Obama’s Progressive “Peace Now”

Obama had less international experience than Donald Trump when he assumed the office of the presidency in January 2009, and relied on his “progressive” liberal colleagues to educate him on the Israel-Arab conflict. Those left-wing parties included J Street and Americans for Peace Now. These groups advocated that the administration put “daylight” between America and Israel, as negotiations under President George W. Bush (which was viewed as very close to Israel), came up short of a deal. Obama made clear – to the delight of the far-left wing groups – that he was going to push the Israelis hard to stop building homes for Jews east of the Green Line (EGL).

The far-left groups believed that strong pressure on Israel was key to getting to a peace deal. They were ecstatic when Obama won a 10-month settlement freeze a few months after they met with Obama in July 2009 at the beginning of his term. They celebrated at the end of the Obama administration in December 2016, when Obama let United Nations Resolution 2334 pass declaring it was illegal under international law for Jews to live in EGL.

Jeremy Ben Ami, head of J Street said after the July 2009 meeting with Obama: “I left the room feeling we are at a truly historic moment of opportunity.  There may never be another American President who so clearly gets the issues strategically and has the political capital to try to pull off an agreement.”

The differences between Obama and Trump are both stark and clear.

The left-wing radicals believed that they had a moment in time, and that their anointed Messiah had a unique chance to forge peace in the Middle East. They felt both emboldened by Obama’s presidency and felt the urgency of time. They pushed the Obama Administration to get to a deal as quickly as possible by pushing a solution onto Israel.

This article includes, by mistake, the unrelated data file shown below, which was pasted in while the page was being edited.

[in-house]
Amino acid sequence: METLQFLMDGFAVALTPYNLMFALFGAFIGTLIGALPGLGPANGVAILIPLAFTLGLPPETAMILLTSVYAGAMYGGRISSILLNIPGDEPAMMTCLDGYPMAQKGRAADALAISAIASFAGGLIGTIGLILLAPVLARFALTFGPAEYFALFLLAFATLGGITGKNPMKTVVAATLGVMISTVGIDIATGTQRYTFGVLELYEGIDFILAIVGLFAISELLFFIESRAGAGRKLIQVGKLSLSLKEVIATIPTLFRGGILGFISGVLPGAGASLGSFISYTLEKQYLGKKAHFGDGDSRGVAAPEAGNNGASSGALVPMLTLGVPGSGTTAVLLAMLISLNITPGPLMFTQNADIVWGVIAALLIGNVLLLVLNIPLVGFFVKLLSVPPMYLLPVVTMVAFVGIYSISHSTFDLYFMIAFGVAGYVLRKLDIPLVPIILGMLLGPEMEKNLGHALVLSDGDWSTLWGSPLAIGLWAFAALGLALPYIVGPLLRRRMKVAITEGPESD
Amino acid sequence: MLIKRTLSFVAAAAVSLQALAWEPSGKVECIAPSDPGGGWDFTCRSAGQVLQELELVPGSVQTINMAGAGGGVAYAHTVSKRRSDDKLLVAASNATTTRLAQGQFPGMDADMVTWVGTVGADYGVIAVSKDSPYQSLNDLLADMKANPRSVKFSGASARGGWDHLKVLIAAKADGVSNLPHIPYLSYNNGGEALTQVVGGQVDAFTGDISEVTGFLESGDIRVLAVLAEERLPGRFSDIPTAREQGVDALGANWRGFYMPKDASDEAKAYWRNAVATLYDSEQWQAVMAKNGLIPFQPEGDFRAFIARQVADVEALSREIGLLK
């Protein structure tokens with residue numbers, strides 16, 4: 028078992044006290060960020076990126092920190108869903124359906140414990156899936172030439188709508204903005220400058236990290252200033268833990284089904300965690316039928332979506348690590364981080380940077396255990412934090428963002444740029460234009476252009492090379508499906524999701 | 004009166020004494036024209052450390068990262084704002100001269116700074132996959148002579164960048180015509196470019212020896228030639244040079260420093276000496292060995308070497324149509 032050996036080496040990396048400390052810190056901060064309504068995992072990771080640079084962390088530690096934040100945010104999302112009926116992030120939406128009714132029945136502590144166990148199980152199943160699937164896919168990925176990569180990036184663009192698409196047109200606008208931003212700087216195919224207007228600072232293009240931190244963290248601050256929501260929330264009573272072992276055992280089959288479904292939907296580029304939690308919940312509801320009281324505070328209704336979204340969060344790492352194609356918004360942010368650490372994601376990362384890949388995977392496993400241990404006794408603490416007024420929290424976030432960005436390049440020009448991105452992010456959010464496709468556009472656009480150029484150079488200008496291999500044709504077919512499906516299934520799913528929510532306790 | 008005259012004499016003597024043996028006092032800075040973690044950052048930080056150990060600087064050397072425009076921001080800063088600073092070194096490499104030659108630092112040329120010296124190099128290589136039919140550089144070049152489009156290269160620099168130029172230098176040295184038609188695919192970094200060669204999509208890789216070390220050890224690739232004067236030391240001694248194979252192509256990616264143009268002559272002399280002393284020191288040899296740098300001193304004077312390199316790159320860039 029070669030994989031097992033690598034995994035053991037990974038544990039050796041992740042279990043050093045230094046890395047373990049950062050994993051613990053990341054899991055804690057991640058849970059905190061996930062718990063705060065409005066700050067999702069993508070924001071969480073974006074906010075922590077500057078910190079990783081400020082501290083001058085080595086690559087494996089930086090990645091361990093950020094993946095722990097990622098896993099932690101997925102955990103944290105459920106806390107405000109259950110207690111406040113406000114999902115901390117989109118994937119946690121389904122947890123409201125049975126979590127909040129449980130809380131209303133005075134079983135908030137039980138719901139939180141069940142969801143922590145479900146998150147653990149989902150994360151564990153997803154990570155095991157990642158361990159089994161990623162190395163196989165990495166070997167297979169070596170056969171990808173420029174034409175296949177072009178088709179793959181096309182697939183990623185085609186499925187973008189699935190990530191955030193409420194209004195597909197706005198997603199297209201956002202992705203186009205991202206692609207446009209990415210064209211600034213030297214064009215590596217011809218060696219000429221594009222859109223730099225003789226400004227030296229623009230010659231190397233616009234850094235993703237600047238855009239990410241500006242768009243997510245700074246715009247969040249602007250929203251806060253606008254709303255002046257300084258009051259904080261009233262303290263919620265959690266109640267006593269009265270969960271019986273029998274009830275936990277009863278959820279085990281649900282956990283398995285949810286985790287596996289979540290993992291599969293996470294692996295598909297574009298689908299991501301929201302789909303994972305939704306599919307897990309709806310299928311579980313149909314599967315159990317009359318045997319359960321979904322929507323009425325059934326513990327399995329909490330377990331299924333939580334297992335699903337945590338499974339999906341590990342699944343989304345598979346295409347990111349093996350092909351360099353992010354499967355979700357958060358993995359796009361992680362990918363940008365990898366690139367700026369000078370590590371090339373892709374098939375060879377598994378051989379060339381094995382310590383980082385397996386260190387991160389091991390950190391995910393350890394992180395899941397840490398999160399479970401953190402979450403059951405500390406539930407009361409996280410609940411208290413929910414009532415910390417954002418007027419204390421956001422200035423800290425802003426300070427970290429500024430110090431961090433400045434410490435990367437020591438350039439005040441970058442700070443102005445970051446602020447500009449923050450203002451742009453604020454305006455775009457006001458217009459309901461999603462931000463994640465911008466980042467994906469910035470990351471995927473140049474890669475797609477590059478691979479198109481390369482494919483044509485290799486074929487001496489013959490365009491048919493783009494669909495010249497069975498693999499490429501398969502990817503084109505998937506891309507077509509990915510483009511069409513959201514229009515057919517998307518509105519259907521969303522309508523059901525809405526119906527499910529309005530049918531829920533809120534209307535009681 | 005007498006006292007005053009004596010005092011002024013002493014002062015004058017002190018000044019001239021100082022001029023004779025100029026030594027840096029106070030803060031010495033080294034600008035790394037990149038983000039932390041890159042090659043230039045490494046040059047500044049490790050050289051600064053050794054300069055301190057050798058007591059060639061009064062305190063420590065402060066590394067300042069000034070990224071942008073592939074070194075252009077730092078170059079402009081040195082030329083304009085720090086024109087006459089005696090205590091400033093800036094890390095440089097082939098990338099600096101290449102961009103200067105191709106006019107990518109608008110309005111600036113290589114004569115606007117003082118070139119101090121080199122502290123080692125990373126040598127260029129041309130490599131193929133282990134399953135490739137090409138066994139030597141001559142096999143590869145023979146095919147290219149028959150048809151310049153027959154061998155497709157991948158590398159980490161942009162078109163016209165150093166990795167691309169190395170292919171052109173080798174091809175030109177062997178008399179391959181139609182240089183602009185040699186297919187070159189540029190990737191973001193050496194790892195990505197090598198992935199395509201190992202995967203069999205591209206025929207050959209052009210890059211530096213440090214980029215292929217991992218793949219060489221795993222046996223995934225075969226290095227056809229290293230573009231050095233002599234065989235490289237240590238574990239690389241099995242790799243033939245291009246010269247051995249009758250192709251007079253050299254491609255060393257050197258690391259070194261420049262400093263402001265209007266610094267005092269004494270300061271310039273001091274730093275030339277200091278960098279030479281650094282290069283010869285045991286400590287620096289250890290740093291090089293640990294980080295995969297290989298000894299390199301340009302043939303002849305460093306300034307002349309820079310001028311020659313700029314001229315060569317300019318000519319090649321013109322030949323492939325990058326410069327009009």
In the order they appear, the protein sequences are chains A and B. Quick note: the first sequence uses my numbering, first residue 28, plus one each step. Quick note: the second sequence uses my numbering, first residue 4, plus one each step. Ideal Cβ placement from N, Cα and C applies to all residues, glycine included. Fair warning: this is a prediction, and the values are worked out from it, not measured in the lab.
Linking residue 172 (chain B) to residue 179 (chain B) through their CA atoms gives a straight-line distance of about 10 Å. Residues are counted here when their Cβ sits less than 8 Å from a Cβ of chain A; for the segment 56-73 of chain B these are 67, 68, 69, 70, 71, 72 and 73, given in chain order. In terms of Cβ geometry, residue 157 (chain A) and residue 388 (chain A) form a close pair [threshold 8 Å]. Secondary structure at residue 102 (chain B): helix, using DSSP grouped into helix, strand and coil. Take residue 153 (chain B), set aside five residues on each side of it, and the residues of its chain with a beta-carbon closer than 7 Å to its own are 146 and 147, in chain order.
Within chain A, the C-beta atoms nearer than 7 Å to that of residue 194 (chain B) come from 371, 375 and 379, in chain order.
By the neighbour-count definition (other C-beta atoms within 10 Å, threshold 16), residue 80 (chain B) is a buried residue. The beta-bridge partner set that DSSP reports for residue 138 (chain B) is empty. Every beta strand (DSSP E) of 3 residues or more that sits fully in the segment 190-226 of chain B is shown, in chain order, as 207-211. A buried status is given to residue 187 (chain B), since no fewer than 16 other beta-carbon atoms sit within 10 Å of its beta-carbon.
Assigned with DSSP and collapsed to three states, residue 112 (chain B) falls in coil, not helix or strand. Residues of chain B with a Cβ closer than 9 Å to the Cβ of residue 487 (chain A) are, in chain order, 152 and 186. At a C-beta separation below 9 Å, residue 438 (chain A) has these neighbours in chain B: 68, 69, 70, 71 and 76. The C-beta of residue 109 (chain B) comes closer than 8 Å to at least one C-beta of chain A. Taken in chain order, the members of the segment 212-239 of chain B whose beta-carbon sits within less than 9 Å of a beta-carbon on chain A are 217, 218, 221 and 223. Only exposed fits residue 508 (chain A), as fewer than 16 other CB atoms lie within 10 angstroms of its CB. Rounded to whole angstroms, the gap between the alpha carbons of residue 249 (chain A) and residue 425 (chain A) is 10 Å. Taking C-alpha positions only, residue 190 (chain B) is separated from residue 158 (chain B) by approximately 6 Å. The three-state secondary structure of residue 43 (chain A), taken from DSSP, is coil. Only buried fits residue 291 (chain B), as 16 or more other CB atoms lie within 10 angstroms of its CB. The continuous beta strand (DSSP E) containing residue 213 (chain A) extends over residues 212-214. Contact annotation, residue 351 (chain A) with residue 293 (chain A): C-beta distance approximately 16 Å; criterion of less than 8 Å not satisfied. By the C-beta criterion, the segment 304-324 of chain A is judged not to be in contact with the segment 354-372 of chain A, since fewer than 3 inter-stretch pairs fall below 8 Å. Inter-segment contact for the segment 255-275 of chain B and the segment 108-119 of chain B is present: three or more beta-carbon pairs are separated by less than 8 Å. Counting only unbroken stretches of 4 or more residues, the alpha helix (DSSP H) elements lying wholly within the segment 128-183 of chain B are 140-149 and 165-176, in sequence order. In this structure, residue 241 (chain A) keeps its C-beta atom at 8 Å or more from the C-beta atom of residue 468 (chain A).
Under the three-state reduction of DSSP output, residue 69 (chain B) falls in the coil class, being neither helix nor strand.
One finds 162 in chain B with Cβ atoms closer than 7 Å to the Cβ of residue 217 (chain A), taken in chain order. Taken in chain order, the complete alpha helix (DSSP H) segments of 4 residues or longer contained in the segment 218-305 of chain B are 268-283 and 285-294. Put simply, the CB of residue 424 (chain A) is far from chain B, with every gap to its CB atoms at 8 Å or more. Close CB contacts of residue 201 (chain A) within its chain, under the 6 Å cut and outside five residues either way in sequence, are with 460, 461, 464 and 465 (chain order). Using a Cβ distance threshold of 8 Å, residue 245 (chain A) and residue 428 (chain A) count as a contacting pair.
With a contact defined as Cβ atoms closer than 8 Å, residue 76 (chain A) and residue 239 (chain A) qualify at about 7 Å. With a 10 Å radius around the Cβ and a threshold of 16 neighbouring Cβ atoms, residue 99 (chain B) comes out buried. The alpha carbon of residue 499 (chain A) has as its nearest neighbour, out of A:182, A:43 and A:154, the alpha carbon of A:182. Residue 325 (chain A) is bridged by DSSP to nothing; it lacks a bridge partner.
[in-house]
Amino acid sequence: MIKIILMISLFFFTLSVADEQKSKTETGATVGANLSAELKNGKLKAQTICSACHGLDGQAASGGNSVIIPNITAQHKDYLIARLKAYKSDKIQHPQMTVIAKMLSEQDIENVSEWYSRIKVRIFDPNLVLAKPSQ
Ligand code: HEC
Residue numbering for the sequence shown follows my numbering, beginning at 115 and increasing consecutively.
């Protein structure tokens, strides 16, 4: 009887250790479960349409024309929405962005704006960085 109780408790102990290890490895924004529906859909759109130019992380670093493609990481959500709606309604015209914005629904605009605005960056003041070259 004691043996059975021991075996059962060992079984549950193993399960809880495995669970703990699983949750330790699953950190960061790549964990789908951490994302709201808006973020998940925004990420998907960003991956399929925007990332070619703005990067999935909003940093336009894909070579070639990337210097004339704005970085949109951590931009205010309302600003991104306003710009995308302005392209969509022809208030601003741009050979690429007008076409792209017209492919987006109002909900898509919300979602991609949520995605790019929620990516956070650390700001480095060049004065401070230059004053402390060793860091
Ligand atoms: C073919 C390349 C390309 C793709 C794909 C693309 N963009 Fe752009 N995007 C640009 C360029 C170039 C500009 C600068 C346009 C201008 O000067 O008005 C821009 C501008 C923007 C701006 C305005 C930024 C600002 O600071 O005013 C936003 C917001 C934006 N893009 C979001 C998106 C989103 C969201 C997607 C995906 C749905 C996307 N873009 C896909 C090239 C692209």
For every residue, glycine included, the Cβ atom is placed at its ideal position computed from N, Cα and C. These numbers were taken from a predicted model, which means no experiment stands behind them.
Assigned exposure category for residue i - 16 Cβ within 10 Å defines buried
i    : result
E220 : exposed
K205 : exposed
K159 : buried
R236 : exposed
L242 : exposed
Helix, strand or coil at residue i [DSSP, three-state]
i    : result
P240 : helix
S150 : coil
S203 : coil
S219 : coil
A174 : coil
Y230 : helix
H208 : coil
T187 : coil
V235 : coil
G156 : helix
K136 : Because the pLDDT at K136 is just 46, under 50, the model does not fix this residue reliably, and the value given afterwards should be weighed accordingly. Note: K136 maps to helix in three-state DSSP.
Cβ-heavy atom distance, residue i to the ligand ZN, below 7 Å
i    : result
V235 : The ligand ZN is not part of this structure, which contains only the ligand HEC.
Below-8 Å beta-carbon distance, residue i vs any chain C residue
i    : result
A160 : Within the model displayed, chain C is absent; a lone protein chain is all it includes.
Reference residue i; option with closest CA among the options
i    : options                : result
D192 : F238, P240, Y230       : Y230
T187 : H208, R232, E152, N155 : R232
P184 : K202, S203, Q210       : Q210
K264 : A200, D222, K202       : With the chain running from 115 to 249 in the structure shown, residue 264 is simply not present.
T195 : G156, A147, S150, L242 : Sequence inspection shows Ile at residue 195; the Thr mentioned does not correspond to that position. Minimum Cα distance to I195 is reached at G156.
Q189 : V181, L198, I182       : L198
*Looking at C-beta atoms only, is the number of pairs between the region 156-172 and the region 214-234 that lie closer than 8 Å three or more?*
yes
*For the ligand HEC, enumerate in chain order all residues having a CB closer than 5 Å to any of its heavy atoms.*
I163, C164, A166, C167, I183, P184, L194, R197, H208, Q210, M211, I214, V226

Conversely, Team Trump has not shown such hubris. Their focus is not to get to a deal in the fastest time possible, but to establish an enduring peace. They recognize the fact that when Israel uprooted all of its settlements in Gaza and gave the land to the Palestinians it did not result in peace, but in three wars. Greenblatt and Kushner are content to take time to get to a lasting resolution, not the gratification of an immediate deal. They have stated that they are not going to let the UN impose a solution, like the Obama Administration advanced in December 2016.

Barack Obama, Hillary Clinton and John Kerry failed to advance peace between Israel and the Palestinians and watched the region descend into chaos. Their creation of “daylight” between Israel and the US; the use of international fora to attack Israel; and their rush to embrace the approach of “Peace Now” neither got to a deal nor set the parties on the path to enduring peace.

Hopefully the new approach of seasoned negotiators Greenblatt and Kushner to take their time to get to an “enduring peace” will yield much better results.